The wife, Wanda G. Reeves, later filed a petition in the United States District Court in the Canal Zone where the divorce decree was originally entered and sought to have the husband's visitation rights modified in such proceeding. The Canal Zone court, as a result of such hearing, ordered, on July 25, 1969. that the husband actually have two more weeks of visitation a y ear. On January 19, 1970, the wife filed a petition in Illinois to establish the foreign Panama Canal Zone decree as an Illinois decree under the Uniform Enforcement of Foreign Judgments Act. (1969 Illinois Revised Statutes, ch. 77 pars. 88-105.) The petition of appellant to establish such foreign decree alleged that said Wanda G. Reeves was a resident of Rock Island and that the children were residents of Rock Island and remained there for nine months or more out of each year. The petition also expressly alleged "that there is need to establish said decree in Illinois to enforce or to modify the provisions relating to custody and support of the children of the parties hereto". The petition also stated that the exercise of jurisdiction by the Rock Island court over the decree would involve "reviewing" and modifying the same from time to time as in equity it may seem just".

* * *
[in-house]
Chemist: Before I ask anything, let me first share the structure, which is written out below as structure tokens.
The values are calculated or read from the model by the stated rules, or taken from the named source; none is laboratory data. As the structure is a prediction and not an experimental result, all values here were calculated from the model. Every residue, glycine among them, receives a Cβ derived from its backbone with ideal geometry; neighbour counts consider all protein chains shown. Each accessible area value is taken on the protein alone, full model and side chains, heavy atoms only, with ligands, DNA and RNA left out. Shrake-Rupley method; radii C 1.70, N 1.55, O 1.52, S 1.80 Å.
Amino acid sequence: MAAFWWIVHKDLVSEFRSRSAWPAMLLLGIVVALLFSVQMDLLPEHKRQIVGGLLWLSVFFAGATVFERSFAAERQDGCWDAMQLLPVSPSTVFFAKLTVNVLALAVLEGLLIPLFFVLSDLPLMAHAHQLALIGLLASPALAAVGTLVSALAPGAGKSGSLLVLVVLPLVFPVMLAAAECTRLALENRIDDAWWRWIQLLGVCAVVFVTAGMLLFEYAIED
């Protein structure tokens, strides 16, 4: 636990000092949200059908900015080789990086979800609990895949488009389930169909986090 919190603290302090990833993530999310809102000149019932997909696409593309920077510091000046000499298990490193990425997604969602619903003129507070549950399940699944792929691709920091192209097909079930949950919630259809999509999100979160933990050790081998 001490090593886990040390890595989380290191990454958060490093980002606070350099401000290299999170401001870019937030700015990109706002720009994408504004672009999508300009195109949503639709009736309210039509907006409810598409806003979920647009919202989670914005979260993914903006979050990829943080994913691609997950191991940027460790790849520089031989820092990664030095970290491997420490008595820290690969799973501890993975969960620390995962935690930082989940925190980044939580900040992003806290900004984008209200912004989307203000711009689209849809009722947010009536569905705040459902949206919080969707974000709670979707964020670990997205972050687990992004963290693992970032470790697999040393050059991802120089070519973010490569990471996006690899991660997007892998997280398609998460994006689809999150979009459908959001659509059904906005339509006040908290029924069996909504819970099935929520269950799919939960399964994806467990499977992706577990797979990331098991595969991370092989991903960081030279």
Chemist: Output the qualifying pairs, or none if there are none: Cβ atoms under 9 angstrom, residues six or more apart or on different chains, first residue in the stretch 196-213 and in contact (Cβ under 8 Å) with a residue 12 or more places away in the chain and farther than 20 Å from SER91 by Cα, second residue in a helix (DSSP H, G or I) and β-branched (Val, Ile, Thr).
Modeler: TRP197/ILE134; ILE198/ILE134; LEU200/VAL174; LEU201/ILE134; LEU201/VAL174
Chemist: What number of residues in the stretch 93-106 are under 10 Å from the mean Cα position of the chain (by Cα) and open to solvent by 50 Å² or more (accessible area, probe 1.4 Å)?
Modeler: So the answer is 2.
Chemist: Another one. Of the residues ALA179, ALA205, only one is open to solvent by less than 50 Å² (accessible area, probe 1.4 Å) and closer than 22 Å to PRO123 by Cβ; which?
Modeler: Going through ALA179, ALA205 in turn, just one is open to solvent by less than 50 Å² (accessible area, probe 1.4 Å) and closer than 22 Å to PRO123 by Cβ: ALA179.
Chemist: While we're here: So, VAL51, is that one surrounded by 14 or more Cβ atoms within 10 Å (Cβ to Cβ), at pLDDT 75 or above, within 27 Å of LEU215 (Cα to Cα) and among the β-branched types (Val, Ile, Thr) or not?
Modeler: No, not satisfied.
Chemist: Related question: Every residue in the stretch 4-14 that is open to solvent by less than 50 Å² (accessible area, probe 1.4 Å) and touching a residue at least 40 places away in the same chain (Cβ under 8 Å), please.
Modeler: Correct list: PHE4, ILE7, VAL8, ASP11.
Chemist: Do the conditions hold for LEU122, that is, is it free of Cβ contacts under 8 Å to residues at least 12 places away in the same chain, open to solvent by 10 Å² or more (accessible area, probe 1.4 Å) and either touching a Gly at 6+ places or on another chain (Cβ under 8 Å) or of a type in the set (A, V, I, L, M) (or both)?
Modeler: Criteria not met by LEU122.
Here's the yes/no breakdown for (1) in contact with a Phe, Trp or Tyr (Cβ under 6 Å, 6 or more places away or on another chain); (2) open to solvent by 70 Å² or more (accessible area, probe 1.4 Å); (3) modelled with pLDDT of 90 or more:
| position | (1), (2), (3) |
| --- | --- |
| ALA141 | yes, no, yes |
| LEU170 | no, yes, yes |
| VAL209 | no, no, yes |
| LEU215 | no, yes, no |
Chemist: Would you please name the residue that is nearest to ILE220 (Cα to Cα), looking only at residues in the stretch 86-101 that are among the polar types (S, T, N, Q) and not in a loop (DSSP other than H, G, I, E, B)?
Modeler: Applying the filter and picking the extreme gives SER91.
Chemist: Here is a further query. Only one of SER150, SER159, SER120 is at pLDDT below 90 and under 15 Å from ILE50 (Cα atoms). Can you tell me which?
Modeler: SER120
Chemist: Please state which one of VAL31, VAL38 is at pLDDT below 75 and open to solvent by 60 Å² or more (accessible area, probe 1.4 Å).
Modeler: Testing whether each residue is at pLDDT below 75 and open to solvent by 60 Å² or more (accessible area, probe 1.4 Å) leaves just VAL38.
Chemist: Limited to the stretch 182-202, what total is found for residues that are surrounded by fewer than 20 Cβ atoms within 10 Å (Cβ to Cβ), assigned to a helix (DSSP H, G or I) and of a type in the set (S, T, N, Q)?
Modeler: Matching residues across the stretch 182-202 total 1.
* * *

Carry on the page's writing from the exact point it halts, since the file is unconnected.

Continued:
The plaintiff, Charles T. Reeves, filed a verified motion to dismiss the wife's petition alleging specifically that there was no need to modify the terms of the Canal Zone decree for the reason that plaintiff was complying in all respects with such decree and that there had been no change in circumstances alleged which would warrant modification of the decree. The motion also specified the respective court proceedings in Illinois and in the Canal Zone which were held since the entry of the decree, and alleged that it would be difficult for the husband, who is a United States Government employee working in the Canal Zone, to travel to Rock Island County for hearings pertaining to the decree with which he has fully complied in every respect and would work a great hardship upon him and be unjust and inequitable. The trial court entered an order allowing the motion to dismiss the petition to establish the foreign decree.